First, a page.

Children and Screen Media Effects: Theoretical Underpinnings, Empirical Observations and Policy Implications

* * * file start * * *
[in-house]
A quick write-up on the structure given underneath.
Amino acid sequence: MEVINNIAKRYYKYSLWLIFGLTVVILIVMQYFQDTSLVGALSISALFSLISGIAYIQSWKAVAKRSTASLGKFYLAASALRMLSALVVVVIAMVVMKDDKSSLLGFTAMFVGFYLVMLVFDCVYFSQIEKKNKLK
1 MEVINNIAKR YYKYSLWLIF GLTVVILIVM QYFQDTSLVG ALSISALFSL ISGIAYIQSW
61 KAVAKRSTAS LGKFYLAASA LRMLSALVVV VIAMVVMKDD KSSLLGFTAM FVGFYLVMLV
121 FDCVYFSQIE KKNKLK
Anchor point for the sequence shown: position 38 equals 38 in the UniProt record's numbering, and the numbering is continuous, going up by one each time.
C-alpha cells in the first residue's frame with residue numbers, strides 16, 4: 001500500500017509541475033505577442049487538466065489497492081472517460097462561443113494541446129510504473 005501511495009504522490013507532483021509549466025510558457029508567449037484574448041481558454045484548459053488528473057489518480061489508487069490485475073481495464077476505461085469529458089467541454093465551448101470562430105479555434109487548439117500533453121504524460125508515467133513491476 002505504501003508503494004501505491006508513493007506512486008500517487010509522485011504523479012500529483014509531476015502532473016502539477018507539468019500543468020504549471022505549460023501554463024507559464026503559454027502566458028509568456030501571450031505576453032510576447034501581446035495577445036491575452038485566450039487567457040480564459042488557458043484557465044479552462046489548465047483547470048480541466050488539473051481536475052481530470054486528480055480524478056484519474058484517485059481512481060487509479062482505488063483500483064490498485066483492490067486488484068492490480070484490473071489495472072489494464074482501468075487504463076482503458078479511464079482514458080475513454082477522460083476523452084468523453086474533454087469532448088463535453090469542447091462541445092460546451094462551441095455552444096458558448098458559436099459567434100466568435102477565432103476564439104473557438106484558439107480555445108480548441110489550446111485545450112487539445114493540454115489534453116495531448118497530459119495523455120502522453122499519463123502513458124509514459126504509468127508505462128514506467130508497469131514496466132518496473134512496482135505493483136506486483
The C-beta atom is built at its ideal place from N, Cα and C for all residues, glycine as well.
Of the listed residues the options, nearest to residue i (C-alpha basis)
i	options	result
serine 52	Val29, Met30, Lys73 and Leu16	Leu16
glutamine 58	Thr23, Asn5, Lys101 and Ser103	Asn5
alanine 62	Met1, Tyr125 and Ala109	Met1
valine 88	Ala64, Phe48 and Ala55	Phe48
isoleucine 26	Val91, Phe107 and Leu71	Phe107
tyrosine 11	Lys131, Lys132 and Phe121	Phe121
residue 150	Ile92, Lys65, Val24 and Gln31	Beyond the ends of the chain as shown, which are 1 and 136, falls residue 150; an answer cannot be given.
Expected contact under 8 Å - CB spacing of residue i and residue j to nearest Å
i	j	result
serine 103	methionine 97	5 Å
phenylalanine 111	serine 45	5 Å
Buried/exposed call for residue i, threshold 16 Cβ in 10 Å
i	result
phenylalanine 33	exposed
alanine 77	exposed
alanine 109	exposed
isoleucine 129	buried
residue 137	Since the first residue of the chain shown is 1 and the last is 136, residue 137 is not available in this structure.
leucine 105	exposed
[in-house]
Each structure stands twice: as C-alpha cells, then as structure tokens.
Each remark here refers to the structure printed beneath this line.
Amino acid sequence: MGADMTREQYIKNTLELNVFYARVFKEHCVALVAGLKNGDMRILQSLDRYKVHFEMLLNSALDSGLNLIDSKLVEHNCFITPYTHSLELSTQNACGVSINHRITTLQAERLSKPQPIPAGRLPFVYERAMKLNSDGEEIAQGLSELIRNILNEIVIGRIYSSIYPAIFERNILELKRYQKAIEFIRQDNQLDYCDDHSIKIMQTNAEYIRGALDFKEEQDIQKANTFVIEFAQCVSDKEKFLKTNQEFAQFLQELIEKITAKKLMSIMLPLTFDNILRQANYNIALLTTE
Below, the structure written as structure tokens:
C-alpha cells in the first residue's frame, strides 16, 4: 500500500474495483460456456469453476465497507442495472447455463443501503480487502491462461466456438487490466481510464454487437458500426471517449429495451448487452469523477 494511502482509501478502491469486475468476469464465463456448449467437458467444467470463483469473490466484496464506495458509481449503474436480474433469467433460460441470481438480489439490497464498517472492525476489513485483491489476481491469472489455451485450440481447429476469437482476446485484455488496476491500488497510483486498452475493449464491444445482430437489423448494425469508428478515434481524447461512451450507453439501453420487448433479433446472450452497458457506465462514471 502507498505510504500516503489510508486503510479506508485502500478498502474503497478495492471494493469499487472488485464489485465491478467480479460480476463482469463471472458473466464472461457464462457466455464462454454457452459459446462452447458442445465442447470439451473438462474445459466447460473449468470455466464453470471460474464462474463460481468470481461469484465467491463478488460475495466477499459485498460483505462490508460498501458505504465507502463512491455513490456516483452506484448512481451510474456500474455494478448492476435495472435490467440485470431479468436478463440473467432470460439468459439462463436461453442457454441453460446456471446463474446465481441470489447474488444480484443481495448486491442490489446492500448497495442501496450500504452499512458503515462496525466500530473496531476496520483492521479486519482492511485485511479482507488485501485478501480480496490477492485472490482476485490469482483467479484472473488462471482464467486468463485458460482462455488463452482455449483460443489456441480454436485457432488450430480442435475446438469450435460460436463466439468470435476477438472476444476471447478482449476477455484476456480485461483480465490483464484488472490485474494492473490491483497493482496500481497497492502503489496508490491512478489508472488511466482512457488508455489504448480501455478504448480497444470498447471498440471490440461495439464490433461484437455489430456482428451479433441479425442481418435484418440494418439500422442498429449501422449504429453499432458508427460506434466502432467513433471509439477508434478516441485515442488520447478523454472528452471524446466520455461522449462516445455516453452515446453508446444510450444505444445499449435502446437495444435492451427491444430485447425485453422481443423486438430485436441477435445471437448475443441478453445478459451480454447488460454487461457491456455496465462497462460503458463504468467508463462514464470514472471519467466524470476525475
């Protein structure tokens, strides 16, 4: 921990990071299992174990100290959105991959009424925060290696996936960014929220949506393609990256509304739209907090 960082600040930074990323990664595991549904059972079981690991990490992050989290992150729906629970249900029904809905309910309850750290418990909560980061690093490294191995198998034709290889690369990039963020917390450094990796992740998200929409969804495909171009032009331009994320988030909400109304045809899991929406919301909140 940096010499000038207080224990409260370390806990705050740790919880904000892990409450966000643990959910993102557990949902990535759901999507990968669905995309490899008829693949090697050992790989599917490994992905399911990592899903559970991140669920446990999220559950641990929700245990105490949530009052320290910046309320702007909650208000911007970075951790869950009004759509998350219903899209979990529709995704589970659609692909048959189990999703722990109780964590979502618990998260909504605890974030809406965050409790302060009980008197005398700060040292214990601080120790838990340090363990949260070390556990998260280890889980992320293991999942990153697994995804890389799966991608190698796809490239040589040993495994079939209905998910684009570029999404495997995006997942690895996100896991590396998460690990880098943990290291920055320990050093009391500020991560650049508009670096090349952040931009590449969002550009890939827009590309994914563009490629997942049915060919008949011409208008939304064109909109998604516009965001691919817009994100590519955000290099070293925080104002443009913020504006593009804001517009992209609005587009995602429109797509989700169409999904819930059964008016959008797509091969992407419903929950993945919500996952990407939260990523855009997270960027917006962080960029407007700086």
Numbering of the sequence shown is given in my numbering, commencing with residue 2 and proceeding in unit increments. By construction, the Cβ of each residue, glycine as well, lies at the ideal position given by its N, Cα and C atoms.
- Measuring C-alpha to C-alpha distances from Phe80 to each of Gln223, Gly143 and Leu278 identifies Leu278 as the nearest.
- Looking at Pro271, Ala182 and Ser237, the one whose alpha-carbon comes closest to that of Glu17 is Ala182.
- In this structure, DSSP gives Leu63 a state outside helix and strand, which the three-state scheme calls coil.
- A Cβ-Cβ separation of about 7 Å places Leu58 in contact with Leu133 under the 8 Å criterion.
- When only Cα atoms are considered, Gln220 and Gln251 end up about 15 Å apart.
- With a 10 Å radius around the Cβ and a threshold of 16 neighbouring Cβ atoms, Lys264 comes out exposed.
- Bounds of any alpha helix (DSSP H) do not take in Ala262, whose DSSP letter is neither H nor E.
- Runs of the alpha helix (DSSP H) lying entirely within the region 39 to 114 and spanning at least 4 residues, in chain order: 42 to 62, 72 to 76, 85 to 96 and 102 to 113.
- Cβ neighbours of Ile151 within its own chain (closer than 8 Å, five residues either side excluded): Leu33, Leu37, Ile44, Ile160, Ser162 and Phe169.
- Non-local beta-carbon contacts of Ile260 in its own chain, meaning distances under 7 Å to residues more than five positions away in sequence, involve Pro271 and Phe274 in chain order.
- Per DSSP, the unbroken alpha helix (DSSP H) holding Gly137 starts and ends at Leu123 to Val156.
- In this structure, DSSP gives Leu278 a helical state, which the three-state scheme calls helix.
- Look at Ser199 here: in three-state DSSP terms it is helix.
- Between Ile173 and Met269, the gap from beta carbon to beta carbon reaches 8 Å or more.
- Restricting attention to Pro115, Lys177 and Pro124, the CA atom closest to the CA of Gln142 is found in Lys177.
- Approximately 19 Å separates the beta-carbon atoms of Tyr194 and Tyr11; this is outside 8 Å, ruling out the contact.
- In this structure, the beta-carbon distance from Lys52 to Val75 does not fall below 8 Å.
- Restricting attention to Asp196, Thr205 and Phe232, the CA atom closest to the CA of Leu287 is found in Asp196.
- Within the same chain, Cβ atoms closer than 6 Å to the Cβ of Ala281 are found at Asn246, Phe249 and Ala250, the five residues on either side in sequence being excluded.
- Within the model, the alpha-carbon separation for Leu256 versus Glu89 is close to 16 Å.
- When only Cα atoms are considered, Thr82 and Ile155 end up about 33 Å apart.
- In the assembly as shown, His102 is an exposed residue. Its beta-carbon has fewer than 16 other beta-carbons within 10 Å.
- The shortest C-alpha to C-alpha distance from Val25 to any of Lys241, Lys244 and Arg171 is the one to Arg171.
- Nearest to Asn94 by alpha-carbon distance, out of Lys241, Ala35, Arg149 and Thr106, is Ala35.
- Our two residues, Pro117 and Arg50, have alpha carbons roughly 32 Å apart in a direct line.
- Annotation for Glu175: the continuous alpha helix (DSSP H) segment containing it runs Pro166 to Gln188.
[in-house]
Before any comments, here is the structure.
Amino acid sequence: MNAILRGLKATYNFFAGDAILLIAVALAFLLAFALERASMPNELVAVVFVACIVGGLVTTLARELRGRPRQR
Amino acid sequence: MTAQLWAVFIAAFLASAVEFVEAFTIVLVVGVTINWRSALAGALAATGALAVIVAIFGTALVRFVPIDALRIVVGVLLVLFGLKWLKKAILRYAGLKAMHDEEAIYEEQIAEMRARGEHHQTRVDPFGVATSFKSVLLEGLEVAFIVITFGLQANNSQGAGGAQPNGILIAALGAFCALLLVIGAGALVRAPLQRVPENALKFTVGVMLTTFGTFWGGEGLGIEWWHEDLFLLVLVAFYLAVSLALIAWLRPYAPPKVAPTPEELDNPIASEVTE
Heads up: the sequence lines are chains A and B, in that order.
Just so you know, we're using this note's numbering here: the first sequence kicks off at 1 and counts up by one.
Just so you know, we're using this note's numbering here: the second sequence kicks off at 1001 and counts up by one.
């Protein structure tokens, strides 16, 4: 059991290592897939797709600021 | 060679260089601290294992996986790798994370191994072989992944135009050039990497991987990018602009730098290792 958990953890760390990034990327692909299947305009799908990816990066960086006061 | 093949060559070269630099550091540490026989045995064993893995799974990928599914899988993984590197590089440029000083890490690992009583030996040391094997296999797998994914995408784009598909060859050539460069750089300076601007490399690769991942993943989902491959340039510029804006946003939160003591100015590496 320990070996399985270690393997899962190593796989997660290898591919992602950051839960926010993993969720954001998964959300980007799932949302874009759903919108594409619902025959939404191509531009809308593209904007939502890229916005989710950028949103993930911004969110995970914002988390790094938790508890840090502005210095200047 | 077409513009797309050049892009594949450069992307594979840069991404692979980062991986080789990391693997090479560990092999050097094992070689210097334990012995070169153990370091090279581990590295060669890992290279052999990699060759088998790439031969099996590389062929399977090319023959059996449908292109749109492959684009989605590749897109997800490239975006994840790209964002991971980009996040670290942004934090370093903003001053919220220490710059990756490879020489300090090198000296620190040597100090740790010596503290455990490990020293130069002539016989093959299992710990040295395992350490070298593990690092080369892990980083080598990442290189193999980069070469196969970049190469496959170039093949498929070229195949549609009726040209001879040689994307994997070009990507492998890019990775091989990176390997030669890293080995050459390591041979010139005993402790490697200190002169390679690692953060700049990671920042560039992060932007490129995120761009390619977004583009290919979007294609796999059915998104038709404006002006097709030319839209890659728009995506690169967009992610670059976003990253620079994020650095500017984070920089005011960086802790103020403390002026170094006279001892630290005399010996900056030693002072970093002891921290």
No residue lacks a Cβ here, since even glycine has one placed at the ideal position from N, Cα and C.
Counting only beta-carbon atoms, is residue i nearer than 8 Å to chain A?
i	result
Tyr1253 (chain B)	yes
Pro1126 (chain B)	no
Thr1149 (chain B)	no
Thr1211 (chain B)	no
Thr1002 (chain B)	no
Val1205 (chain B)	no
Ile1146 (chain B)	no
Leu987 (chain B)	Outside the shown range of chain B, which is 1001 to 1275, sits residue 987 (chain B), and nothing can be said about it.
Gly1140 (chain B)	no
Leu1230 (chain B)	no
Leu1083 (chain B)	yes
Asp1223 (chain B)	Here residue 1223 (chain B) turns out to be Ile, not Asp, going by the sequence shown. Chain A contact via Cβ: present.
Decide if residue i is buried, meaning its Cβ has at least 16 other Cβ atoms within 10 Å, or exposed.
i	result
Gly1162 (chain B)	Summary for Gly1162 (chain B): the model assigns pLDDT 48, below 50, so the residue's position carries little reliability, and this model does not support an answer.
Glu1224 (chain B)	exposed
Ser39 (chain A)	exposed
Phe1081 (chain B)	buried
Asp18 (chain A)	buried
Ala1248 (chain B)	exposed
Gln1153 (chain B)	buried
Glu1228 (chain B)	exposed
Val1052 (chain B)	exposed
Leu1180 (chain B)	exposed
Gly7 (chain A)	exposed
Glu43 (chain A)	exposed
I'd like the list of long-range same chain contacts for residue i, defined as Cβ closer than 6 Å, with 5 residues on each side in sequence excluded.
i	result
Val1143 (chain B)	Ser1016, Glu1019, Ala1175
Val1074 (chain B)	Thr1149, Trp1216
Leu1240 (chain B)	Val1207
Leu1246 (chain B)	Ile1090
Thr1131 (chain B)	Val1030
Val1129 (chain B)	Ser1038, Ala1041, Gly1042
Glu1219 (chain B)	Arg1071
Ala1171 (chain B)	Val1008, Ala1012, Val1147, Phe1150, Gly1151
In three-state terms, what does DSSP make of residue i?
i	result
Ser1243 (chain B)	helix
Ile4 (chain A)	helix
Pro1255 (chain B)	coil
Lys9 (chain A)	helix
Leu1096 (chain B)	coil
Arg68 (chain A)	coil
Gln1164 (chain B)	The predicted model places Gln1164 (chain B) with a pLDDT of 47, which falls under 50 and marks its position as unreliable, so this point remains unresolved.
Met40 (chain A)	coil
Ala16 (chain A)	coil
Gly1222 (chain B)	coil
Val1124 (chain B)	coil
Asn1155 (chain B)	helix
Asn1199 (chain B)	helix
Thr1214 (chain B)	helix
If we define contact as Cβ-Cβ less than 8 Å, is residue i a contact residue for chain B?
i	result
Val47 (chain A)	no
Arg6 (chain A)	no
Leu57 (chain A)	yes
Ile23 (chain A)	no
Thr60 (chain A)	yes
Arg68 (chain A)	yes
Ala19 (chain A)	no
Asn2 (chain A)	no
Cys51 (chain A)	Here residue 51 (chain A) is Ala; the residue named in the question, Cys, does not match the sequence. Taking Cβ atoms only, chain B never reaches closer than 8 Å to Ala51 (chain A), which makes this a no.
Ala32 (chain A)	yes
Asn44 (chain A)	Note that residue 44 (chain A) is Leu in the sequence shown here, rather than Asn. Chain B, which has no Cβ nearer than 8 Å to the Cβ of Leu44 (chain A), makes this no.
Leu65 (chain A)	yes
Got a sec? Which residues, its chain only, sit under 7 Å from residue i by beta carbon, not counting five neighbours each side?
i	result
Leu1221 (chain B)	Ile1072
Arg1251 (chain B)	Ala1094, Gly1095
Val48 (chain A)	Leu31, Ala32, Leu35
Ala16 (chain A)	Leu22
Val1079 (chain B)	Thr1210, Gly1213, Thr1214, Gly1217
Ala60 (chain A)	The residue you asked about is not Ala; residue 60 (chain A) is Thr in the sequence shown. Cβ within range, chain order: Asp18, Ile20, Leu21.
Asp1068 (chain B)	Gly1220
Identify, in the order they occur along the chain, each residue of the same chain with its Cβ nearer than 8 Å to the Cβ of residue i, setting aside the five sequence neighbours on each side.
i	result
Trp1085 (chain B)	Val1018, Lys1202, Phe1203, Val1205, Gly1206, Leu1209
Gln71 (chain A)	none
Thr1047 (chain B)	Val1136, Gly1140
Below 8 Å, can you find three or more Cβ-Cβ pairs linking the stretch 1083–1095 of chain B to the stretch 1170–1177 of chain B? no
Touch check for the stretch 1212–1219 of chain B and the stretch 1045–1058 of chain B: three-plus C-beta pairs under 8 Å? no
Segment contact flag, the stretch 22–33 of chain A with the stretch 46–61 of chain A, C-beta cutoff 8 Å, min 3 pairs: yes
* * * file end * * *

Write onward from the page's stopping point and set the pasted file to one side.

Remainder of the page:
The paper critically explores the body of research on screen media effects on children as an emerging frontier of scholarship. Screen media is used in reference to media that are both non-interactive (eg TV) and interactive (games) that present a variety of modalities including images, graphics, video, audio and text. Using narrative review as a strategy and based on core databases, media and pediatric resources, studies that encompassed observational research, randomised controlled trials, quasi-experimental trials, cohort studies, case-control studies and cross-sectional studies are critically analyzed in respect of categories of screen media issues and debates, first globally and then nationally. Whilst there are areas of consensus, the review shows that the media effects literature is also characterized by inconsistency of findings. The review further indicates that, although there is burgeoning literature on children by Ethiopian scholars, there is a dearth of child-focused screen technology related studies to be of help in policy formulation, protection and promotion of the wellbeing of Ethiopian children. To address the identified lacunae in the children and screen media research spectrum, directions for research are outlined to consider emerging screen media realities unfolding in Ethiopia and their effect on children at home and in school contexts. Further, it is proposed that the area of children and screen media deserves attention from policy makers and media authorities.